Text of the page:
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The Court of Appeal's decision for insurers in cases of intoxicated taxi driver



An insurer is not responsible for not investigating the background of a taxi driver involved in a fatal accident, a federal appeals court said on Friday, confirming a lower court decision.

Mohamed Diriye was drunk driving a taxi from a Des Moines, Iowa road, crashing into a creek, killing one passenger and injuring another, Brian Foster, according to the 8th U.S. Court of Appeals in St. Louis. Louis Brian Foster v. Integrity Mutual Insurance Co

Des Moines-based United Cab Ltd. had filed an insurance application with Appleton, Wisconsin-based Integrity, and as part of that process, Integrity received the company's motor vehicle driver's license, according to the decision.

Mr. Diriye's car record showed he had a valid Iowa driver's license, no restrictions on his driver's license and a minor speeding offense, but flagged the investigation as a possible "error, review to verify." Integrity reviewed the records and issued United Cab a business and commercial liability policy.

However, the documents did not show Mr. Diriye's driving from 201

2 under reduced conviction in Minnesota, which would have made him unable to drive a cab under a Des Moines ordinance.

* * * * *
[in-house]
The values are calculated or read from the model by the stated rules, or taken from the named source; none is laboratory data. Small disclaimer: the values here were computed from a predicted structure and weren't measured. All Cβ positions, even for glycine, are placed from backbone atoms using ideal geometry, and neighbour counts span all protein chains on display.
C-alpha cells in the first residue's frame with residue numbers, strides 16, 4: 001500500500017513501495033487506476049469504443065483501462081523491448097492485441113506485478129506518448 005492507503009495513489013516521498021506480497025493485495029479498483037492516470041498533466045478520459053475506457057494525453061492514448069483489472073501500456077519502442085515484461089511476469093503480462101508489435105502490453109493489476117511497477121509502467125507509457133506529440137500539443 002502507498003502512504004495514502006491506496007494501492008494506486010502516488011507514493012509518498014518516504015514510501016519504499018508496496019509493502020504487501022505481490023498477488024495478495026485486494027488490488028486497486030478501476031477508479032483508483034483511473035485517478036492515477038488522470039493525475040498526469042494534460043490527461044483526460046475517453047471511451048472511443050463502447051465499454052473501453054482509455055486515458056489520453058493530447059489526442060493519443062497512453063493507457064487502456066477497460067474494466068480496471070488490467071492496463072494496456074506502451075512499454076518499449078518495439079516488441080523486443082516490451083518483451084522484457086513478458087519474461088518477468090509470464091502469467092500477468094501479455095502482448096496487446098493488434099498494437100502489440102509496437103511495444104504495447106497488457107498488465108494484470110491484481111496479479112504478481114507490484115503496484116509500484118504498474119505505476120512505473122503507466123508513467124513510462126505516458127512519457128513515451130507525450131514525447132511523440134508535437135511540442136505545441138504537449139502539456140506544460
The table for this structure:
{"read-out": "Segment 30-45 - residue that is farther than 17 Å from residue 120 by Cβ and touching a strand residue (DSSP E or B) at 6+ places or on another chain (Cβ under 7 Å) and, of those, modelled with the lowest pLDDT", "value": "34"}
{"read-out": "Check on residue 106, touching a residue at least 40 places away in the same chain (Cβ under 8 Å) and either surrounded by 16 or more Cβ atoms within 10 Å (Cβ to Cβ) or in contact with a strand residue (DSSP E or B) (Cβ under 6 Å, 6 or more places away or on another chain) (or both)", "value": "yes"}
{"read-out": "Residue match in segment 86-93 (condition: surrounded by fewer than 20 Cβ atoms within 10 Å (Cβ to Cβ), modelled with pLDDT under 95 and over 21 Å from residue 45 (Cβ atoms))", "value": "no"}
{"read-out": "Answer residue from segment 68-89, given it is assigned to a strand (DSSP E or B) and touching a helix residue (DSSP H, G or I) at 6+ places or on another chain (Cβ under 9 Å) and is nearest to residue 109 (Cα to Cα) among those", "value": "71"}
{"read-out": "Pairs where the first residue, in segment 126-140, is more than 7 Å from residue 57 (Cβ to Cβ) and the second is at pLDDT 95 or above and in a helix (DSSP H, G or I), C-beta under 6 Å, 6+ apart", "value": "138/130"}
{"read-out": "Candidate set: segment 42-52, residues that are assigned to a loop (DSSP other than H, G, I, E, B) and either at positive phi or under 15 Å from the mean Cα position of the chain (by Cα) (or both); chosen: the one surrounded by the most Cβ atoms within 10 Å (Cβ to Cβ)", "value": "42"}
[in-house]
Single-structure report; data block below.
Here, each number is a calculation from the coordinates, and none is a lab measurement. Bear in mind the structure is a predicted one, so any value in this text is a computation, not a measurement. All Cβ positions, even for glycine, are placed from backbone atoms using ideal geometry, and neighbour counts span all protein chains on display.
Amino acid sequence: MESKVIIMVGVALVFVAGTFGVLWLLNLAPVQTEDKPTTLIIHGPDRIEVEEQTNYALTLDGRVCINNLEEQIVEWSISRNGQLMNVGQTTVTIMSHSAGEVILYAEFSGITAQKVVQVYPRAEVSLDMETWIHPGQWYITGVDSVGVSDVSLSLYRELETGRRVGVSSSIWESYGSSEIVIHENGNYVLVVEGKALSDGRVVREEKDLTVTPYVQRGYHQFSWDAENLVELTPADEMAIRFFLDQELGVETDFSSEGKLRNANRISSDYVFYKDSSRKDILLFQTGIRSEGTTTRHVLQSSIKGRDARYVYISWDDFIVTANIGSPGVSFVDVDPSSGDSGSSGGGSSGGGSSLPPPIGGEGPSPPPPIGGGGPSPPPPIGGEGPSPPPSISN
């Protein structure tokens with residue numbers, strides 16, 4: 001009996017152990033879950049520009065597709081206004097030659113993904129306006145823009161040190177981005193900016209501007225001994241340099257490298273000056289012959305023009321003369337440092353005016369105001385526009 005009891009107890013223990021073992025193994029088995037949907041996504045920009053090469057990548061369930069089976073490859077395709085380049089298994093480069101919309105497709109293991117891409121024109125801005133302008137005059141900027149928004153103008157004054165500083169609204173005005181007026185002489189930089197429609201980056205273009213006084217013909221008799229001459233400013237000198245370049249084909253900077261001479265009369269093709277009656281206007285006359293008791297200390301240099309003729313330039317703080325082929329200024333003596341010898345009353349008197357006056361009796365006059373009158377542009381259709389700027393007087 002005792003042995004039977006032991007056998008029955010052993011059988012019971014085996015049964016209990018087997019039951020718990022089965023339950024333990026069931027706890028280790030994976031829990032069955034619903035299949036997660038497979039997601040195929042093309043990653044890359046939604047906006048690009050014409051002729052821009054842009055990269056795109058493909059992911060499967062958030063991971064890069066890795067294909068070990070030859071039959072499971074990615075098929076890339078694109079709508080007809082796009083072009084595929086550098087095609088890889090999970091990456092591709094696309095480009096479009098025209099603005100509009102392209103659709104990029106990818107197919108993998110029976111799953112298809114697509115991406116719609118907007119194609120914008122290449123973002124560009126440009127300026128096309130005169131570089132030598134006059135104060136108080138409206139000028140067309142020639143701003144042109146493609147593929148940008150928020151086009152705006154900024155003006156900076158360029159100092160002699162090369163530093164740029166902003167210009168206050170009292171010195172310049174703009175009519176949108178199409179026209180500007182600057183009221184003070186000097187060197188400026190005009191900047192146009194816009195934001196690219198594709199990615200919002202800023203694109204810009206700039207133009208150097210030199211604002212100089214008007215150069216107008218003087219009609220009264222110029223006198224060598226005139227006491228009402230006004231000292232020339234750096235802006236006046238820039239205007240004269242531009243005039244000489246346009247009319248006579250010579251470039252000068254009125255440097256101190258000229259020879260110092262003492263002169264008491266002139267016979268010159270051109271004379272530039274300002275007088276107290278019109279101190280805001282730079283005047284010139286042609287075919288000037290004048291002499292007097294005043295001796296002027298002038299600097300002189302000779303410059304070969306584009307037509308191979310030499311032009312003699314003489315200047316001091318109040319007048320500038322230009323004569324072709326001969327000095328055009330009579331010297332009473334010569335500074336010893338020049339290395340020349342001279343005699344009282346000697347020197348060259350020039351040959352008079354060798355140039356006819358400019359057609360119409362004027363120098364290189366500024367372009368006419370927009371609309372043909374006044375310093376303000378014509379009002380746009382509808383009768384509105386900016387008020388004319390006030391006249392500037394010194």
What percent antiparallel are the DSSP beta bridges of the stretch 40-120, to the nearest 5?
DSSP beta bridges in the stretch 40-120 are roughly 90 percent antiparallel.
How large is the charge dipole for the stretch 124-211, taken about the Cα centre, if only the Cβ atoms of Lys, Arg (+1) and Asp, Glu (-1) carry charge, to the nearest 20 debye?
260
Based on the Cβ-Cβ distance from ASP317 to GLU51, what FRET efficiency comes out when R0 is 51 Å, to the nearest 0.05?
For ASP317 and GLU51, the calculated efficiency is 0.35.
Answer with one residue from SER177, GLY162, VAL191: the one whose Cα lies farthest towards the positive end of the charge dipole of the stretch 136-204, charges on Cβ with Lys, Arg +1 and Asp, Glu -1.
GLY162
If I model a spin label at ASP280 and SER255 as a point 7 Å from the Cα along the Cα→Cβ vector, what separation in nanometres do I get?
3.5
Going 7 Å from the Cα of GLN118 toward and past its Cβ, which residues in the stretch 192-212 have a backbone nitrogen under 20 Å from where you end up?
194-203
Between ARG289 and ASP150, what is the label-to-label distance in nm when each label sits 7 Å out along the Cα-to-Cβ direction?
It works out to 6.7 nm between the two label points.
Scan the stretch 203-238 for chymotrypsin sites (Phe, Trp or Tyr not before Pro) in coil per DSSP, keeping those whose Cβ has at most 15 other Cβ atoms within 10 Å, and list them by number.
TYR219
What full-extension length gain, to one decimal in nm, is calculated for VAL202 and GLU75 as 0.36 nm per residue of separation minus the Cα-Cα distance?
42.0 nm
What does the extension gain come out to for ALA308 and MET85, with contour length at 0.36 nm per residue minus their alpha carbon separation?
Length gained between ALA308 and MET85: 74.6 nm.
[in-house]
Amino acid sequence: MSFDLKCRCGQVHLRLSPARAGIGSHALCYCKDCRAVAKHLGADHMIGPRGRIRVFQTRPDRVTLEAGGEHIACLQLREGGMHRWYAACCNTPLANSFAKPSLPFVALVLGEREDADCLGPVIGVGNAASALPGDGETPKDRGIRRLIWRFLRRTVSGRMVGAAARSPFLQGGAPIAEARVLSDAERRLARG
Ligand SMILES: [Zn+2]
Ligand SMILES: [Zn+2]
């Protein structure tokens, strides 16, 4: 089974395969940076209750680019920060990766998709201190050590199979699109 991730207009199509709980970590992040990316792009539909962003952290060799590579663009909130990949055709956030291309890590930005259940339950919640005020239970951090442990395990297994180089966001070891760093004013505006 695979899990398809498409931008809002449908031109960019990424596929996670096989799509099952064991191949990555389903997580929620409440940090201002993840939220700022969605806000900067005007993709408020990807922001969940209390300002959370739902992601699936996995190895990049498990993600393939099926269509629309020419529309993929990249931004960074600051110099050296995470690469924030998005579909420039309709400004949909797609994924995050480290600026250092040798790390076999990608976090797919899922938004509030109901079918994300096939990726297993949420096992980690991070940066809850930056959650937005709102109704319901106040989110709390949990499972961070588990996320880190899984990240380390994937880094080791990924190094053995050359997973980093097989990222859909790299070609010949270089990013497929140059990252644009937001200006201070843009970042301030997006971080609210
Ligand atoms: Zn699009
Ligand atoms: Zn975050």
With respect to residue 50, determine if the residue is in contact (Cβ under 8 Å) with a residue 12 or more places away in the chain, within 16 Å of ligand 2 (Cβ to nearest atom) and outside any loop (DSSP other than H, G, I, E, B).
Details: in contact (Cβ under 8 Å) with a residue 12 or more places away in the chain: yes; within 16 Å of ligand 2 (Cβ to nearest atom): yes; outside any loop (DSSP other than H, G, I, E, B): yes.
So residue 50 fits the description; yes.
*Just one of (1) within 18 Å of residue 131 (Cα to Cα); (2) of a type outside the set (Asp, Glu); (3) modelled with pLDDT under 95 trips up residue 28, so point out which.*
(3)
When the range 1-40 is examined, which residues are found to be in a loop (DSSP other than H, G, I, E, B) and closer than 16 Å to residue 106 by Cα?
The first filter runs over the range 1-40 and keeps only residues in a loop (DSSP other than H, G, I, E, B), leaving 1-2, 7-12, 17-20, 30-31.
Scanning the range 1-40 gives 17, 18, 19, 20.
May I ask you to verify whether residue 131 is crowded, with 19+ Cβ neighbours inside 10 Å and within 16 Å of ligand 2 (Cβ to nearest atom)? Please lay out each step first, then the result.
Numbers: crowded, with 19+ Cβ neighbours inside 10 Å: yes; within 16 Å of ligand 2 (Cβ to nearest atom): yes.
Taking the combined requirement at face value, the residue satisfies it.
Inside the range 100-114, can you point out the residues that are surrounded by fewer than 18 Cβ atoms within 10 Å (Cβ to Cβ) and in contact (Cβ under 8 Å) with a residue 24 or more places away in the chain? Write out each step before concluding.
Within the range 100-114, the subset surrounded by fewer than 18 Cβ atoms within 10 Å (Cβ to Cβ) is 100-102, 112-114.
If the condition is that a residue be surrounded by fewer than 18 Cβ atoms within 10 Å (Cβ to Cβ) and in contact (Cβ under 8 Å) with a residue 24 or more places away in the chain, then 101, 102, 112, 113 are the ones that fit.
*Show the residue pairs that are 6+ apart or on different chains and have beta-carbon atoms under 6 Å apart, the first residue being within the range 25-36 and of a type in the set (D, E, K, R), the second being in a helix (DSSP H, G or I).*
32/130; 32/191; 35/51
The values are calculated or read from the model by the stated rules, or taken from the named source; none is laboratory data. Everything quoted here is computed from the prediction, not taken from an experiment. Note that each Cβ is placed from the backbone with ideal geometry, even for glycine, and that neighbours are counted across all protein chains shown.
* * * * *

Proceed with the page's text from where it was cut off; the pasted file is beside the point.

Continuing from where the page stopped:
After the incident, Integrity shared the entire policy boundary between Mr. Fetus and the other passenger's property. Mr Foster, who reserves the right to sue, brought an action against the integrity of those accused of negligence.

The U.S. District Court in Des Moines granted the insurer's request for a summary judgment, which was upheld by a unanimous panel of three judges. [19659002] “We assume, without deciding, that Integrity could have discovered the Dioriye Minnesota DWI 2012, even if Iowa Dept. of Transportation issued a driver's license in 2015 and did not show DWI ”in its motor vehicle registers.

But not informing the taxi company of a driving offense was a failure, not a "sin of the mission", the decision said.

"Since Foster cannot show that the insurer increased its risk or that he or the taxi company relied on the insurer's background checks, we find that Integrity has not assumed any obligation to United Cab passengers," it said.

"Although Integrity negligently missed a crime outside the state, it is not responsible for Foster as a matter of law ", the decisive, with confirmation of the lower court.

Lawyers in the case did not respond to requests for comment.

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